in its effect, it has revolutionised the thought of the world, yet nobody knows when it did so. It was once remarked to me, "How difficult it is to
ascertain the name of any writer in India", to which I replied, "That is the Indian idea." Indian writers are not like modern writers who steal
ninety per cent ot their ideas from other authors, while only ten per cent is their own, and they take care to write a preface in which they say,
"For these ideas I am responsible". Those great master minds producing momentous results in the hearts of mankind were content to write their books
without even putting their names, and to die quietly, leaving the books to posterity. Who knows the writers of our philosophy, who knows the writers
of our Purânas? They all pass under the generic name of Vyâsa, and Kapila, and so on. They have been true children of Shri Krishna. They have been
true followers of the Gita; they practically carried out the great mandate, "To work you have the right, but not to the fruits thereof."
Sure Hinduism sounds fine and dandy. But then so does Islam and Christianity. It's the people who put it into practice who always screw it
There have been great conquering races in the world. We also have been great conquerors. The story of our conquest has been described by that noble
Emperor of India, Asoka, as the conquest of religion and of spirituality. Once more the world must be conquered by India. This is the dream of my
life, and I wish that each one of you who hear me today will have the same dream in your minds, and stop not till you have realised the dream. They
will tell you every day that we had better look to our own homes first and then go to work outside. But I will tell you in plain language that you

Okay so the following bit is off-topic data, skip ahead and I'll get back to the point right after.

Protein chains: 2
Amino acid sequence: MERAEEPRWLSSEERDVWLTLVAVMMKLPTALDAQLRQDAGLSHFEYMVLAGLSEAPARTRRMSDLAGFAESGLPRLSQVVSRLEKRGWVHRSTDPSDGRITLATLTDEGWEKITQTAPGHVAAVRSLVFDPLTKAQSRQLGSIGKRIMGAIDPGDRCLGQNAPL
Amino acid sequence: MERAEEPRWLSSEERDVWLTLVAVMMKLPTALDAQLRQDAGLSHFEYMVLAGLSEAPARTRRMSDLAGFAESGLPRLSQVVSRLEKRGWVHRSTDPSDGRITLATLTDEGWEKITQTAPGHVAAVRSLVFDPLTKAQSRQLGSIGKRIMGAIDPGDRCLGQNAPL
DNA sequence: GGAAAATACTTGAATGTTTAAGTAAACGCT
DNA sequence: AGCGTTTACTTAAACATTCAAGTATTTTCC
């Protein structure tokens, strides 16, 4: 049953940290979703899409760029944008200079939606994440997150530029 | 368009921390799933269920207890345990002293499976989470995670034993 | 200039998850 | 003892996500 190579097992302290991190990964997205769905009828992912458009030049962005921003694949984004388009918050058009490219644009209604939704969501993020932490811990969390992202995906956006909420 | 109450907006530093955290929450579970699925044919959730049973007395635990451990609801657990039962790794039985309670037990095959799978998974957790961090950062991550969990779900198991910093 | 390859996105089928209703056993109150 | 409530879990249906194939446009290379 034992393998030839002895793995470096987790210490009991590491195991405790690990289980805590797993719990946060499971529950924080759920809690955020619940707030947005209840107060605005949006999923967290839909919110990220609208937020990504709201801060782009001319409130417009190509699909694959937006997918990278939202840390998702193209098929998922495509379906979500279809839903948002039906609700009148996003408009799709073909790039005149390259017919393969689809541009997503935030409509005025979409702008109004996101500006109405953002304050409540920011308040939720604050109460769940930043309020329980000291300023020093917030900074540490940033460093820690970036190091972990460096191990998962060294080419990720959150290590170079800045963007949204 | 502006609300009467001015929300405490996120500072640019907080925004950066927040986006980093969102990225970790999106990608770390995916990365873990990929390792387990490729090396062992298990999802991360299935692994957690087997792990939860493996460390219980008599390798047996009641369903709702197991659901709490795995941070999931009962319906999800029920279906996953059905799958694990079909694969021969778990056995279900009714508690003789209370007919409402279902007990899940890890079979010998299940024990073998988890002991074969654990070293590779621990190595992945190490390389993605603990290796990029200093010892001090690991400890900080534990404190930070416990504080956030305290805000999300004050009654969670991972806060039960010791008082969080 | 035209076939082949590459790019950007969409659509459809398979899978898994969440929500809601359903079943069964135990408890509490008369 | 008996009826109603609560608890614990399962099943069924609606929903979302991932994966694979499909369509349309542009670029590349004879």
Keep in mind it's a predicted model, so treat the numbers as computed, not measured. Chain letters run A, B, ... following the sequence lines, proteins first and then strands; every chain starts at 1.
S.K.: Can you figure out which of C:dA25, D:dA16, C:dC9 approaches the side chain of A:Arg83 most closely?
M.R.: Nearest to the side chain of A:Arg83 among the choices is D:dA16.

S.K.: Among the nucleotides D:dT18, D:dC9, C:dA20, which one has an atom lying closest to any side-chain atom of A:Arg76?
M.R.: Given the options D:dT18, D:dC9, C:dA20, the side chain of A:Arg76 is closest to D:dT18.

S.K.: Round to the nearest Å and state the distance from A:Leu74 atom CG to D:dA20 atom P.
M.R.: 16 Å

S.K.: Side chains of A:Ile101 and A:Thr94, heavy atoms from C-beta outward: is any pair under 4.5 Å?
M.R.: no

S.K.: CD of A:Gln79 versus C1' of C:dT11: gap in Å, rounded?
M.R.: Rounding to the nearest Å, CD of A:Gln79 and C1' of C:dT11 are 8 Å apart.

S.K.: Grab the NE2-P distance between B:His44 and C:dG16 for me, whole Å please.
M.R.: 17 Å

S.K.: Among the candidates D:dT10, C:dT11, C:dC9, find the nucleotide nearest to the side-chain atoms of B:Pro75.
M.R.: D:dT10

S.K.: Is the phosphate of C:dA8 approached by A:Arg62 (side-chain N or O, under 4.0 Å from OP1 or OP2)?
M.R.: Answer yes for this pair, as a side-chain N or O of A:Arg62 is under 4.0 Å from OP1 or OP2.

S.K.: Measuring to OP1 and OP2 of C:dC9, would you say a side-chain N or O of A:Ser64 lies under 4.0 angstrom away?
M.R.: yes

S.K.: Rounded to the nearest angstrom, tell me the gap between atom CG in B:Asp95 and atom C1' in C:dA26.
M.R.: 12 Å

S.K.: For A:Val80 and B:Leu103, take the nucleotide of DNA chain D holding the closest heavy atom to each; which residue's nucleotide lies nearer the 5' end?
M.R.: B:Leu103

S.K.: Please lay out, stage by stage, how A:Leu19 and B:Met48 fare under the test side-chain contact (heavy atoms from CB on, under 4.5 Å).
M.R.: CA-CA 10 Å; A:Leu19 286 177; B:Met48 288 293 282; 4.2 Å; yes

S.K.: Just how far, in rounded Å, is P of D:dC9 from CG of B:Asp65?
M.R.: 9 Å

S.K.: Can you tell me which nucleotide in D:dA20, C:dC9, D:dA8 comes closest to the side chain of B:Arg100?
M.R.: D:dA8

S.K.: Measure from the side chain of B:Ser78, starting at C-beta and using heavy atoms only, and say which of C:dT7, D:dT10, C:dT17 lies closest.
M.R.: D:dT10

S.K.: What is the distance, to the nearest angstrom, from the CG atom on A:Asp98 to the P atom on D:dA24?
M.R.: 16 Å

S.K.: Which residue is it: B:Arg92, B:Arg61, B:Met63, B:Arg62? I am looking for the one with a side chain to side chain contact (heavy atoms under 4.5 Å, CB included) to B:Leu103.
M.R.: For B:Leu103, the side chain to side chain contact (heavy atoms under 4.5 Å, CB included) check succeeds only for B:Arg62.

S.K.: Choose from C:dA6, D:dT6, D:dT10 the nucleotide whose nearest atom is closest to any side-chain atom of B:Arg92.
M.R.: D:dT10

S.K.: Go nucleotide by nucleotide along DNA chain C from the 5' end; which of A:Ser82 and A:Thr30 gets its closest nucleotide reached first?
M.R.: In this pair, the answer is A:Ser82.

work best when you work for others. The best work that you ever did for yourselves was when you worked for others, trying to disseminate your ideas in
foreign languages beyond the seas, and this very meeting is proof how the attempt to enlighten other countries with your thoughts is helping your own
country. This is the great ideal before us, and every one must be ready for it the Conquest of the whole world by India nothing less than that,
and we must all get ready for it, strain every nerve for it. Let foreigners come and flood the land with their armies, never mind. Up, India, and
conquer the world with your spirituality! Ay, as has been declared on this soil first, love must conquer hatred, hatred cannot conquer itself.
Materialism and all its miseries can never be conquered by materialism. Armies when they attempt to conquer armies only multiply and make brutes of
humanity. Spirituality must conquer the West.
Slowly they are finding out that what they want is spirituality to preserve them as nations. They
are waiting for it, they are eager for it. Where is the supply to come from? Where are the men ready to go out to every country in the world with the
messages of the great sages of India? Where are the men who are ready to sacrifice everything, so that this message shall reach every corner of the
world? Such heroic spurs are wanted to help the spread of truth. Such heroic workers are wanted to go abroad and help to disseminate the great truths
of the Vedanta. The world wants it; without it the world will be destroyed. The whole of the Western world is on a volcano which may burst tomorrow,
go to pieces tomorrow. They have searched every corner of the world and have found no respite. They have drunk deep of the cup of pleasure and found
it vanity. Now is the time to work so that India's spiritual ideas may penetrate deep into the West. We must go out, we must conquer the world
through our spirituality and philosophy. There is no other alternative, we must do it or die. The only condition of national life, of awakened and